The forecast overnight low was 35F, yet here I was lugging a -20F sleeping bag 5000 ft up a ridge. Stupid, stubborn, or just doing the best I can with the gear I have? Probably a little of each.
That morning I’d surveyed my three sleeping bags as I packed for my trip up Miners Ridge. I have an ultralight down quilt rated to 35F, but it has lost its loft and can barely keep me warm on 50F nights. I also have a synthetic 35F bag I bought years ago that still works fine, but weighs in at a whopping 3.6 lbs (relatively heavy). Hmm, maybe this was the excuse I needed to buy a new lightweight 3-season bag? My husband pointed out that I’m trying to consume less STUFF – and consuming stuff is exactly what I’d be doing if I bought a new sleeping bag despite having three reasonably good bags on the shelf… Dammit. The third and final option was my huge -20F bag that I bought for winters in AK. Reluctantly I hooked it up to my scale: 3.0 lbs. Although it was bulkier than my 35F synthetic bag, it actually weighed less! It looked like I was going to be carrying a large pack and sleeping toasty warm that night.
The plan was to start at the Suiattle River trailhead and hike up to Miners Ridge for the night. Ideally, I wanted to camp at Image Lake, an established backcountry camp with, as the name suggests, picturesque views and a reliable water source. But when I got to the trail register I saw there was one other person on the trail ahead of me that day and he was planning to camp at Image Lake. I don’t go backpacking by myself in order to camp next to random strangers, so I decided I would give us both the solitude we were presumably looking for, and sleep somewhere along Miners Ridge instead.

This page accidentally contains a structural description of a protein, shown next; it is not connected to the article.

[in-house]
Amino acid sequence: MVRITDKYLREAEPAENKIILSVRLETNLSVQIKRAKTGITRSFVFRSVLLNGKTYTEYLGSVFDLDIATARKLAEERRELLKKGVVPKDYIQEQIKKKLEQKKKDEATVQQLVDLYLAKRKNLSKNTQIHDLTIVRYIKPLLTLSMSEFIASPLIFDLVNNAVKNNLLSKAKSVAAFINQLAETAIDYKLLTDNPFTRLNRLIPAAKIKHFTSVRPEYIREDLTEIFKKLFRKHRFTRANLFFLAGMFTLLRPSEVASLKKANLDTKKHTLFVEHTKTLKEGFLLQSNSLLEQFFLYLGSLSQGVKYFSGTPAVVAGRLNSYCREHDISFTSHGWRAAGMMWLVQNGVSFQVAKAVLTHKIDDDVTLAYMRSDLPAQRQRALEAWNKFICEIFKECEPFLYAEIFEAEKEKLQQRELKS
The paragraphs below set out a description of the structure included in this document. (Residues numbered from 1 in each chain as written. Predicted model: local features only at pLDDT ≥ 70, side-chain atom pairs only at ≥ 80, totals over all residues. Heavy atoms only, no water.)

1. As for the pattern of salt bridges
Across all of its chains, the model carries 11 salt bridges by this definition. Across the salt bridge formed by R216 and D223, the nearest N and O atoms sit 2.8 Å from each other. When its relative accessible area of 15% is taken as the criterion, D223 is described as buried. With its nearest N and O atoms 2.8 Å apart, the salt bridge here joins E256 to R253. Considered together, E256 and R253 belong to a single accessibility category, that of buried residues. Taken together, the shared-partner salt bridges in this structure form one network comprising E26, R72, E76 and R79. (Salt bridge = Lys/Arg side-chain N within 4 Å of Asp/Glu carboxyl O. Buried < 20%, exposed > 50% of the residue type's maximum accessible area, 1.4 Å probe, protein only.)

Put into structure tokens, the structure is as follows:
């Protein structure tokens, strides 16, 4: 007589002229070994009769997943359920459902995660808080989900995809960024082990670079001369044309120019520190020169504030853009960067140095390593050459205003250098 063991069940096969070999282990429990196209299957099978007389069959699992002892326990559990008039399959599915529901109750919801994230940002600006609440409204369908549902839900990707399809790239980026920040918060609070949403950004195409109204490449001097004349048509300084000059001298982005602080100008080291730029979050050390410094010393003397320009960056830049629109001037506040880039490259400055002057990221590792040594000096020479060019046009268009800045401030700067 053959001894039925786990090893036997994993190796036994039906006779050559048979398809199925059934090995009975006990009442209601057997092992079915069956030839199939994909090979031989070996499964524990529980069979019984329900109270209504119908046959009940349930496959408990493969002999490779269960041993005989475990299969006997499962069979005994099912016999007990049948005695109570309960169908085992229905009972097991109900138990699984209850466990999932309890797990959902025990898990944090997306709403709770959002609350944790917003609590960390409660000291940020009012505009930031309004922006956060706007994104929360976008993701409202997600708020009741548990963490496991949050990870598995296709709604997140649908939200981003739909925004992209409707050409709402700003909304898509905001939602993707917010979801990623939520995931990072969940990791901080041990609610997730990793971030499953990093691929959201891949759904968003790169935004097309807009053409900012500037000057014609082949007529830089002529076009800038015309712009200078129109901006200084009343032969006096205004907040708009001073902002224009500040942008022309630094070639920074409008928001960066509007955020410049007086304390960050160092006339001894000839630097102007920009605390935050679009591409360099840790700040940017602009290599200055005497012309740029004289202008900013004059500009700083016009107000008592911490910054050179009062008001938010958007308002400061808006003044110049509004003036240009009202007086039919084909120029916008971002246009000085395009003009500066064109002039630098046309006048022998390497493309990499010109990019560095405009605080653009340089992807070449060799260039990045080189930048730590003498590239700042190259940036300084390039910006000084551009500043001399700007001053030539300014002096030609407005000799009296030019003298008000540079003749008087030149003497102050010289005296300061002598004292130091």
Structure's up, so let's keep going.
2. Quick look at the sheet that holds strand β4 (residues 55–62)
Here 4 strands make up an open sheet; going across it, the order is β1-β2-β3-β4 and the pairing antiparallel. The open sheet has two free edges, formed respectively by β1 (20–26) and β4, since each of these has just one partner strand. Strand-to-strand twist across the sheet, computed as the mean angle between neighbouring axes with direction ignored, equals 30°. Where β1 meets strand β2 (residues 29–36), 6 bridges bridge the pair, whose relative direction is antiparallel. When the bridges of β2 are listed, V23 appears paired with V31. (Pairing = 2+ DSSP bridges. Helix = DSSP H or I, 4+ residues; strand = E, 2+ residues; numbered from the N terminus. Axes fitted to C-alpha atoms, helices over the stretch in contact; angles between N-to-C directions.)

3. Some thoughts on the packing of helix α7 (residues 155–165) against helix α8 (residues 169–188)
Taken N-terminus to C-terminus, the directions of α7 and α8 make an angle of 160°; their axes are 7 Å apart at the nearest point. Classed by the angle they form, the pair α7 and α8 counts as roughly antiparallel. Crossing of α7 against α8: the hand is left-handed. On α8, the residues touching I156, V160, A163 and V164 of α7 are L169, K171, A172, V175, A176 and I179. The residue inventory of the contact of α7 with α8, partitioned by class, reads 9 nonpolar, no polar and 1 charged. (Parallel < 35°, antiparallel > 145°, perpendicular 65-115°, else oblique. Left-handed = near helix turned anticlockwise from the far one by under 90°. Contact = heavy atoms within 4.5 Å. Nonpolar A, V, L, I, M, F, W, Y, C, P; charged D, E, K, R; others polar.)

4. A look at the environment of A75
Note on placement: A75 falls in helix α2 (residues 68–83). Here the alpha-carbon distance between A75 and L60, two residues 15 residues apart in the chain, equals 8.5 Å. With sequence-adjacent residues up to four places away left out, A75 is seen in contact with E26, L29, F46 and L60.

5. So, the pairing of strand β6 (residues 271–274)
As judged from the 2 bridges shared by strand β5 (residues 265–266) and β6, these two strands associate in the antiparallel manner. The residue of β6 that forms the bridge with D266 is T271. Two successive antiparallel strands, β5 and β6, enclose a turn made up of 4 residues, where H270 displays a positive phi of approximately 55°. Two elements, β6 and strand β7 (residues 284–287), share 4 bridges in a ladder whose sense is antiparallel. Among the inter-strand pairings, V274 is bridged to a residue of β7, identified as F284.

My walk up the Suiattle River valley was lovely. I’ve been on this trail several times, but for some reason on that morning the old-growth trees looked particularly impressive. I realized that in my head, I’d labelled the forest walk the “boring part” before I got to the “good stuff” (the views along the ridge). As with most summers, I’ve been focused on the high country lately, since I know it will be harder to access in just a few short months. But walking along the Suiattle River reminded me that there is beauty in the “boring” – and that I should be so lucky to consider old-growth Pacific Northwest forest “boring.”
The WTA website warns that the Suiattle River trail is washed out approximately 2 miles from the trailhead, and calls it “hazardous for hikers.” I’m not really qualified to comment on that, but I will say that the trail is not officially closed, and I found it relatively easy to duck under the downed trees, even with an overnight pack.
Approaching trail washout from the west
Trail washout from the east
Just before the climb to Image Lake, I filled up my 2.5 liter hydration bladder and my 1 liter soft flask. I remembered reading somewhere that there weren’t any water sources on Miners Ridge, but I couldn’t remember if that included the climb up to the ridge, or just the ridge itself. It turns out there is plenty of water on the climb up to the ridge, and carrying 3.5 liters of water from the valley floor to the top of the ridge was wholly unnecessary. During this late September trip, the last reliable water source between the Suiattle River and Miners Ridge was approximately 2 miles before the top of the ridge (or 3 miles up from the river), and 2.8 miles from Image Lake.
I finally crested the ridge as the sun was starting to drop low on the horizon, which made for spectacular lighting on the Dr. Seuss plants. (And also forced me, just now, to look up the actual name of the Dr. Seuss plants: Anemone occidentalis, or Western Pasqueflower seed heads).
Dr. Seuss plants glowing in the afternoon light.